derogatory. A white person from an English-speaking country (used in Spanish-speaking regions, chiefly Latin America).
Okay, I admit it, I hate gringos sometimes.
They wear silly woolen llama-pattern adorned hats and jumpers and tributary Incan patterned leggings. They haggle over 20 cents because they’re terrified that they are copping the ‘Gringo Tax’. Some of them won’t even leave their insular, horny pommy-teenager-packed party hostels until they’ve checked what’s number one on TripAdvisor.
And my god, they speak embarrassing Spanish.
But… despite my generalising, I am one. I have a llama jumper (albeit smattered with tiny llamas, barely visible). Someone even got me into TripAdvisor, which has provided more than one adequate cup of coffee. I still don’t like the Poms in the party hostels though, sorry. See below for an example why…
Which simply leaves me thinking, why am I worried about anyone else? Apart from the horrendous fashion (which is frankly inexcusable) we should all just be happy to be doing what we are doing.
There’s no right or wrong way to travel.
Lately though, just occasionally, I can’t help it, I’ve still caught myself looking down my nose at the tourists that fill up the places I want to see. I’m sure it isn’t just me, we all do this don’t we? Like suburban couples gossiping about one anothers’ boring suburban lives. Unfortunately too, it seems that the ‘best’ experiences are usually the most expensive and touristy too. Life just isn’t fair!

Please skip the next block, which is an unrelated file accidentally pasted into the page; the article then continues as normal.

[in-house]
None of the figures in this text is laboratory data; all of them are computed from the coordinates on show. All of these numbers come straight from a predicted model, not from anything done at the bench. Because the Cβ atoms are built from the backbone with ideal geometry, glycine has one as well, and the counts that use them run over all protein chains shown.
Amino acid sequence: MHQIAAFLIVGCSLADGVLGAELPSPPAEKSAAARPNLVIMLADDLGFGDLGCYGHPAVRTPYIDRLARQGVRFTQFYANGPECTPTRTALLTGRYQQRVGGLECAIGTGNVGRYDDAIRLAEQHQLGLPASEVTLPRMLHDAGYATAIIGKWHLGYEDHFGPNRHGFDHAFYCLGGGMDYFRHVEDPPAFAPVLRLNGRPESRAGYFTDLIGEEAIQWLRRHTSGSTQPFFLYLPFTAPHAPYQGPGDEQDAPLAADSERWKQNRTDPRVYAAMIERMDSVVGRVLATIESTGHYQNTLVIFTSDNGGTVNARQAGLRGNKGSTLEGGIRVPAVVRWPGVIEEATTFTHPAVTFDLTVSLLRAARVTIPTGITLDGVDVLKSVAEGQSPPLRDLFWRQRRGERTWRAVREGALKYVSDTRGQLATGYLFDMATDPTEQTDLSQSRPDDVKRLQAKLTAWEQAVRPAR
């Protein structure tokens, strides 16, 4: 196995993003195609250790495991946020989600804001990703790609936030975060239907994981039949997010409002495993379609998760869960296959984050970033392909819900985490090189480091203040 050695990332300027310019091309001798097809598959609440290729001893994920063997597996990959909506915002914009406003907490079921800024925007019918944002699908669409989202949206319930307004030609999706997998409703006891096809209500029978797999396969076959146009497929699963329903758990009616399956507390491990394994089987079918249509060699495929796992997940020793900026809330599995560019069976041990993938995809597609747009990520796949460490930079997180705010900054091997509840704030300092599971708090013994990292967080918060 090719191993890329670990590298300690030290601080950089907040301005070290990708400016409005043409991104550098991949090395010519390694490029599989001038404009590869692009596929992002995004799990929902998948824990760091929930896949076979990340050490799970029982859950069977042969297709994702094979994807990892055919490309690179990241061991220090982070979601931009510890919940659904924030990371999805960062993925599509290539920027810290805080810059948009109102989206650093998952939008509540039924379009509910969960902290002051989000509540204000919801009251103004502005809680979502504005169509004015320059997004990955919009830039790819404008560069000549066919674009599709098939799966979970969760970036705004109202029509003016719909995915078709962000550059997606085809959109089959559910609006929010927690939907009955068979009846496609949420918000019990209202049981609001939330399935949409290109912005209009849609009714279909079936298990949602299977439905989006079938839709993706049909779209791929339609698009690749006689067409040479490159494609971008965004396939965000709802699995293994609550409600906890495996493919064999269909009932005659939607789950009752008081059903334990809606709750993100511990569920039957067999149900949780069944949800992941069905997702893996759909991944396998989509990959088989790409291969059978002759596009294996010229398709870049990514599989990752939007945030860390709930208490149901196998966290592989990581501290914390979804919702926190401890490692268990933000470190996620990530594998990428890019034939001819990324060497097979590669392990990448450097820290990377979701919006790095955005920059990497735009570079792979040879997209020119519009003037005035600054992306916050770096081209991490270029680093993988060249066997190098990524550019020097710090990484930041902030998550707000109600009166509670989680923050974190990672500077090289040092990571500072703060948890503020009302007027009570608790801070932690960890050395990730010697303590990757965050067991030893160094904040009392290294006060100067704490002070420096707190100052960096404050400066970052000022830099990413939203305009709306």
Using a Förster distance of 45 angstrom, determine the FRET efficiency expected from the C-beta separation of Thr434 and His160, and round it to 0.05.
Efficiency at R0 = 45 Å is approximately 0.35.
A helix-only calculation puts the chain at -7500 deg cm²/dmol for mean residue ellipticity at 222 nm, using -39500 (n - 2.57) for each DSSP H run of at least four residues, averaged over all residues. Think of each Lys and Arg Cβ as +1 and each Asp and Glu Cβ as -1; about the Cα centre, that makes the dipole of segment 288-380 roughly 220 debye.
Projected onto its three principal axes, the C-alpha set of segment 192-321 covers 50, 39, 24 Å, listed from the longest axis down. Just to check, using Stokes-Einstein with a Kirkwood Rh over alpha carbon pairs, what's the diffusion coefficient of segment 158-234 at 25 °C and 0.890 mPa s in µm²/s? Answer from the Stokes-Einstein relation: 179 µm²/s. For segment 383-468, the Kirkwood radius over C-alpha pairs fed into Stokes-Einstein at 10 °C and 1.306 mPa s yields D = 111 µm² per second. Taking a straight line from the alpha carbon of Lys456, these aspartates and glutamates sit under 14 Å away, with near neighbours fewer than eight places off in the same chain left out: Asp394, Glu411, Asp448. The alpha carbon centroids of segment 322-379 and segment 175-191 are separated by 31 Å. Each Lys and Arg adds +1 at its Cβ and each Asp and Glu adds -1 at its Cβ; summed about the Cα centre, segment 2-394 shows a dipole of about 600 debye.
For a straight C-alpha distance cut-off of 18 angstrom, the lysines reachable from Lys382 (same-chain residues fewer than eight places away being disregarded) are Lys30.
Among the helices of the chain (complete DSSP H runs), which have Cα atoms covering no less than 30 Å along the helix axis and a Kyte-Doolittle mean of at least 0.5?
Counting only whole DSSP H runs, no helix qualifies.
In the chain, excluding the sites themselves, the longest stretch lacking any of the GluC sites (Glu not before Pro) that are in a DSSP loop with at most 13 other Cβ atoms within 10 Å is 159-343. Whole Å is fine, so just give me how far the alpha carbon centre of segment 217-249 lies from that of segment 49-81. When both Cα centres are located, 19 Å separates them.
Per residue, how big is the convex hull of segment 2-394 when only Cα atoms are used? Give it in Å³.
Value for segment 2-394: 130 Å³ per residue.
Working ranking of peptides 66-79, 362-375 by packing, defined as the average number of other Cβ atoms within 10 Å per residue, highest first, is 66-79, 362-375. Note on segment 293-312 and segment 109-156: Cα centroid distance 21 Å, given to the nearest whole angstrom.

After considering all of this, I found myself leaving La Paz a few weeks ago in search of something that would be a little more ‘authentic’ to my travel than just going and eating the market food. I wanted to experience something outside of just being asked if I’d ‘done’ it: “Have you done the Death Road yet?”, “Have you done the jungle?”, “You can’t miss them, they’re amazing, life changing…” The thing is, I’m not suggesting they’re not amazing, I’ve been to the tourist traps myself, it’s just that sometimes I want to work harder, search for something a bit different. Okay, so I might not get a t-shirt at the end but I can look at your photos right? Sometimes I’d prefer to be standing next to a Bolivian at a street food stand or hearing about the life of a generous Chilean as we rocket along the highway and I score a free ride. For me, this is a richer experience than rappelling down the side of a skyscraper, dressed as Wonderwoman.
Ultimately though, that’s just my travel experience. It’s about people finding what they want to do and them suiting their own needs. I’ve spoken to hundreds, maybe thousands of travellers and the fact is that everyone is different. Some people, for example, don’t hitchhike for concern for their own safety, that’s fine. Everyone is entitled to their own travel adventure. Perhaps except you-know-who.
I think, to some extent, I did mange to find a little bit of what I was looking for in the past few weeks. and I admit, there is still a strange sense of pride for me that comes from being the only gringo on the bus…
What do you think? Do you agree or disagree? Share your comments below.
[Featured photo credit: Gabor Basch, Flickr]
really well written post! inho for better or worse, running into other travellers with bad fashion taste and never leaving the party hostel is as much a part of the travel experience as being the only gringo on the bus. i suppose it’s about finding the right balance?
Thanks, mate! I know what you mean about finding the right balance, I’m just suggesting some things need not enter the equation at all!
haha i heartily agree!